Methylene blue, acting as a hydrogen acceptor, is decolourized during the respiration of yeast. By measuring the time taken for a fixed amount of the dye to be decolourized, the relative rate of respiration (a catabolic process) can be deduced.
The yeast mixture in test tube A turned blue at first but slowly changed back to its original colour and stayed that way.
The yeast mixture in test tube B turned blue and remained unchanged.
The yeast mixture in test tube A are alive, whereas the yeast mixture in test tube B are dead.
Methylene blue when reduced turns changes to a colourless methylene blue when it gains electrons, and can be oxidised back to blue when it loses electrons (oxidation).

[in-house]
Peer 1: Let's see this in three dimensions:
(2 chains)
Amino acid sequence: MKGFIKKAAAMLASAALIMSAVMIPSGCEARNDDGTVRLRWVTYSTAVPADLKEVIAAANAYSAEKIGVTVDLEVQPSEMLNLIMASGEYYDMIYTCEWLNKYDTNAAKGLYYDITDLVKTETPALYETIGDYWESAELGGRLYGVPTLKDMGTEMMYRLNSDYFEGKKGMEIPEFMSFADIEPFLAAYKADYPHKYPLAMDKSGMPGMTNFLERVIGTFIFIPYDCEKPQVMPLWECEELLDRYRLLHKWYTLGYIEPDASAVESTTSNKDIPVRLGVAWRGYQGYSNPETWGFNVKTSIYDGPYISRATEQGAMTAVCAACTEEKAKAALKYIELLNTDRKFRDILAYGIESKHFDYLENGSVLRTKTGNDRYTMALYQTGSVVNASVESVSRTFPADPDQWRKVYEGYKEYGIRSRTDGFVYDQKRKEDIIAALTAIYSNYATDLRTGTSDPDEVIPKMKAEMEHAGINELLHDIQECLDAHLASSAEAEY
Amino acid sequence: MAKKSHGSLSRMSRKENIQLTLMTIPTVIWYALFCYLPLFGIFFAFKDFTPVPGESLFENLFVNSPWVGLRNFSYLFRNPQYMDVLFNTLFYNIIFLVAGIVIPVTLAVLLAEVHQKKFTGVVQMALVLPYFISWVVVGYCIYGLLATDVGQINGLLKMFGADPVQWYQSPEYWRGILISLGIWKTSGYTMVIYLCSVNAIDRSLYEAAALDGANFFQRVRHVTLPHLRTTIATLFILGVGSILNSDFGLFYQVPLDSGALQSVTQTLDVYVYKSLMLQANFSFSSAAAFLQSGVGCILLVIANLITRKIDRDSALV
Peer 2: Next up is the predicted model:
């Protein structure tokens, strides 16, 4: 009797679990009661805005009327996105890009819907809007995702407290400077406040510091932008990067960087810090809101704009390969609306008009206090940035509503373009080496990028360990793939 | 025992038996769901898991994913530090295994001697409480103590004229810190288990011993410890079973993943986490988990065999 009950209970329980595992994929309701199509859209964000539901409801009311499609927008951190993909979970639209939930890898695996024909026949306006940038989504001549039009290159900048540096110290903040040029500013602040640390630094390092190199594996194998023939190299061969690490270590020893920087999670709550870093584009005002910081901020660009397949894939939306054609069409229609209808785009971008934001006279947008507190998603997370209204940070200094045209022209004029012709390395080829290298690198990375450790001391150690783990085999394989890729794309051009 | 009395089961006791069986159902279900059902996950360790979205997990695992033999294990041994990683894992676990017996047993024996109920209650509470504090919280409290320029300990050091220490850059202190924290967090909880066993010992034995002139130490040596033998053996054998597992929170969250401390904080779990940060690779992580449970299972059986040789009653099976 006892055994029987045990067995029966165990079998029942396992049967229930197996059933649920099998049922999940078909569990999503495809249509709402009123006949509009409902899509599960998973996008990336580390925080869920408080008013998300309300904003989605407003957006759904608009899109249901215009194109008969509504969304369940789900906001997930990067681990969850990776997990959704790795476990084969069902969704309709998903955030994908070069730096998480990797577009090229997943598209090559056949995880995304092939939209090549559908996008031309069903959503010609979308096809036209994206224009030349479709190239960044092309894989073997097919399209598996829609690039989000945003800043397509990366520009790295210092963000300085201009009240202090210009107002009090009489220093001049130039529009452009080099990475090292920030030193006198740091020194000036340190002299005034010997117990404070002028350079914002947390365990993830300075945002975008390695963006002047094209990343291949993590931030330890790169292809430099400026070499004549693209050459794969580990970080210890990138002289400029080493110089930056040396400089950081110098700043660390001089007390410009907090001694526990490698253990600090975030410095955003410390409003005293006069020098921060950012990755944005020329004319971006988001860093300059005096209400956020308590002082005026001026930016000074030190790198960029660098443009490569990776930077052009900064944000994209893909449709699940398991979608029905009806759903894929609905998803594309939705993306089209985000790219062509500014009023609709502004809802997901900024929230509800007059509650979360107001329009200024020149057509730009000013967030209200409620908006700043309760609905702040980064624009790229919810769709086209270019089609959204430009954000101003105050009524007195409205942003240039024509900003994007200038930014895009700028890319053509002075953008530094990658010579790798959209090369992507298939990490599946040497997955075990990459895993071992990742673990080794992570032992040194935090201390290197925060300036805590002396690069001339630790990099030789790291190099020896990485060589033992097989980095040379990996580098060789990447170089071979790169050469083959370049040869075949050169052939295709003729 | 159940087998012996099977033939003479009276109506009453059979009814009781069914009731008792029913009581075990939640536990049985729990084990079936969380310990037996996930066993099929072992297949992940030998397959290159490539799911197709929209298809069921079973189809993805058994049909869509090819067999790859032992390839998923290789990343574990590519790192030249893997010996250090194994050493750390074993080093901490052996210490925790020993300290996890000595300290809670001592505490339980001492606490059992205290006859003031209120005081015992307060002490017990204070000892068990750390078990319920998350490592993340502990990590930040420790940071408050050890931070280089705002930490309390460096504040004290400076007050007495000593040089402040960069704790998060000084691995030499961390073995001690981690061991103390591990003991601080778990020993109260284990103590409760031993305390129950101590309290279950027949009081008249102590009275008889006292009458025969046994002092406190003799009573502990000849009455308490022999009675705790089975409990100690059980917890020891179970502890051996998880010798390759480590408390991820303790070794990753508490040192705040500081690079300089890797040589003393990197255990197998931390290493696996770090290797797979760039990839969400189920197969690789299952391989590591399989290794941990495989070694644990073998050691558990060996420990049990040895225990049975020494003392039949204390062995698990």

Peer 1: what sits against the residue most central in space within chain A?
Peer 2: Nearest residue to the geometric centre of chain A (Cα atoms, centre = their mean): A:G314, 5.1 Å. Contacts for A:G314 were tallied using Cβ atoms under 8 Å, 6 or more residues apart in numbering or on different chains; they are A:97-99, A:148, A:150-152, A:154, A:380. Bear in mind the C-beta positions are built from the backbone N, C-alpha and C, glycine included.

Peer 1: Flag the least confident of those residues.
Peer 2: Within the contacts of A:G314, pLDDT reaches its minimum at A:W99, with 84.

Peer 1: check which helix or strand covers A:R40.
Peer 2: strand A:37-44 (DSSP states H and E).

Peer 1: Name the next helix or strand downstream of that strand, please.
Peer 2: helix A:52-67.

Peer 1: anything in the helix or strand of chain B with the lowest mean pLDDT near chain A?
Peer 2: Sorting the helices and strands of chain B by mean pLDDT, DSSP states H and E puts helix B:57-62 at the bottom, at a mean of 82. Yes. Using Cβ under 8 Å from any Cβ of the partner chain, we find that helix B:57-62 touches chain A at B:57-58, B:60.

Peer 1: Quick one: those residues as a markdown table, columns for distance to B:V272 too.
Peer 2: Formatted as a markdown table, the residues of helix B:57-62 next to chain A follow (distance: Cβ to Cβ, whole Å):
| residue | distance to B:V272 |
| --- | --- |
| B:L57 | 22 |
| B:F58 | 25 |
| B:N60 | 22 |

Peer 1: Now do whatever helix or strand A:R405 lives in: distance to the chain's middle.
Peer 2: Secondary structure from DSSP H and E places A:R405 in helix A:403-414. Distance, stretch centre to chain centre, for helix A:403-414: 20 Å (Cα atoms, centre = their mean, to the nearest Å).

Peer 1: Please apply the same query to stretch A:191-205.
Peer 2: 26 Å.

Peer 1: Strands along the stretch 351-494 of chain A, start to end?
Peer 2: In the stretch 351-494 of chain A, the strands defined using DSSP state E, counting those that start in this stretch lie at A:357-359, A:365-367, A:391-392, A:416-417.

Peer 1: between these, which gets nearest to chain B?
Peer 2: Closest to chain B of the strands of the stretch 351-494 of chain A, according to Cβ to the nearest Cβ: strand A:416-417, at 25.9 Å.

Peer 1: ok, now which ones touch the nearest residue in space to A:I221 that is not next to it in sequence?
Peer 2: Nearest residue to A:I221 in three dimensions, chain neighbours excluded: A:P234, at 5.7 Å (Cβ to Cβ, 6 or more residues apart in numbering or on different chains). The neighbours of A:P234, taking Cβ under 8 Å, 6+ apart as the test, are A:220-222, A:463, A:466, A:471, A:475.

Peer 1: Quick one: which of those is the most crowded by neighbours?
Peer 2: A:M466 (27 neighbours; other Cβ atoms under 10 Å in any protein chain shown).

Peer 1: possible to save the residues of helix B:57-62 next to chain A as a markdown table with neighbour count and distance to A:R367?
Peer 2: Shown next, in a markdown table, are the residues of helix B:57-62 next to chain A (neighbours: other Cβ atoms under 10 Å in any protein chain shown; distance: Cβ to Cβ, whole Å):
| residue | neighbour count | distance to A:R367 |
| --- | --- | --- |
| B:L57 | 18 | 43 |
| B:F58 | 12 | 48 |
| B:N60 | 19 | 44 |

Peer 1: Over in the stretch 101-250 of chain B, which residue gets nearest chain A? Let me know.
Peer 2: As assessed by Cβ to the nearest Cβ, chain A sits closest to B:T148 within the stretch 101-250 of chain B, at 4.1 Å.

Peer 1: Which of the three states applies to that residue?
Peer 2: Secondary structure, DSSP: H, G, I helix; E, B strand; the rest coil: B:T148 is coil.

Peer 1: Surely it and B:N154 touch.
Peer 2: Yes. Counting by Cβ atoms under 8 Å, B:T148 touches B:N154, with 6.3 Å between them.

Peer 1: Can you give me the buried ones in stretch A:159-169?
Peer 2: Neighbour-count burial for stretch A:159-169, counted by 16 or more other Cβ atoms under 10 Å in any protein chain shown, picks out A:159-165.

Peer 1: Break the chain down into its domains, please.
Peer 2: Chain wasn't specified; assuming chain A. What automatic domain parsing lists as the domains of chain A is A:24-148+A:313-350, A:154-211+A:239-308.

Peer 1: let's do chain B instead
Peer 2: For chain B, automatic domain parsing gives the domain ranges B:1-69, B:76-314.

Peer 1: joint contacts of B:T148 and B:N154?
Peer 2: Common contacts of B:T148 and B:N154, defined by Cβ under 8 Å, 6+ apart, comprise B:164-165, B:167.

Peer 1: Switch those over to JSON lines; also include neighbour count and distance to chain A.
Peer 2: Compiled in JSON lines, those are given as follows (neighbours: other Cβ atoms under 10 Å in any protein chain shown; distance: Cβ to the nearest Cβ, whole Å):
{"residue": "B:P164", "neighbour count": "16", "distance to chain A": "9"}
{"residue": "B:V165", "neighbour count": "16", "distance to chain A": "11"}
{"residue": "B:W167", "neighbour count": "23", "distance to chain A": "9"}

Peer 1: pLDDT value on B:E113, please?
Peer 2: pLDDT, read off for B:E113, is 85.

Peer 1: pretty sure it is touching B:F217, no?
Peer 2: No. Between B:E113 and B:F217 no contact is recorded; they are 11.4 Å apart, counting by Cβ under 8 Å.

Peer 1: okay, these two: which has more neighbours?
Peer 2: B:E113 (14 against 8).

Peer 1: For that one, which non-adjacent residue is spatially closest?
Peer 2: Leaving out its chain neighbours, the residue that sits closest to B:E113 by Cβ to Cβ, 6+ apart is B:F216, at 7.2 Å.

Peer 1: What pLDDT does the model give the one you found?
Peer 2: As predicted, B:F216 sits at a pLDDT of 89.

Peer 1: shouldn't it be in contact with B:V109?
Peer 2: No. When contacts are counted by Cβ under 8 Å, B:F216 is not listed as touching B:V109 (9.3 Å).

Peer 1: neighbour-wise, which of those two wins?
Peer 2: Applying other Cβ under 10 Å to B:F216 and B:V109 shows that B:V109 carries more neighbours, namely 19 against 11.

Therefore, it can be deducted that reactions in the yeast cells during respiration reduces blue methylene.
Methylene blue can be used as an indicator to determine if a cell, in this case yeast, is alive or not. The blue indicator turns colourless in the presence of active enzymes, thus indicating living cells. However, if it stays blue it doesn't mean that the cell is dead - the enzymes could be inactive/denatured. Methylene blue can inhibit the respiration of the yeast as it picks up hydrogen ions made during the process. The yeast cell cannot then use those ions to release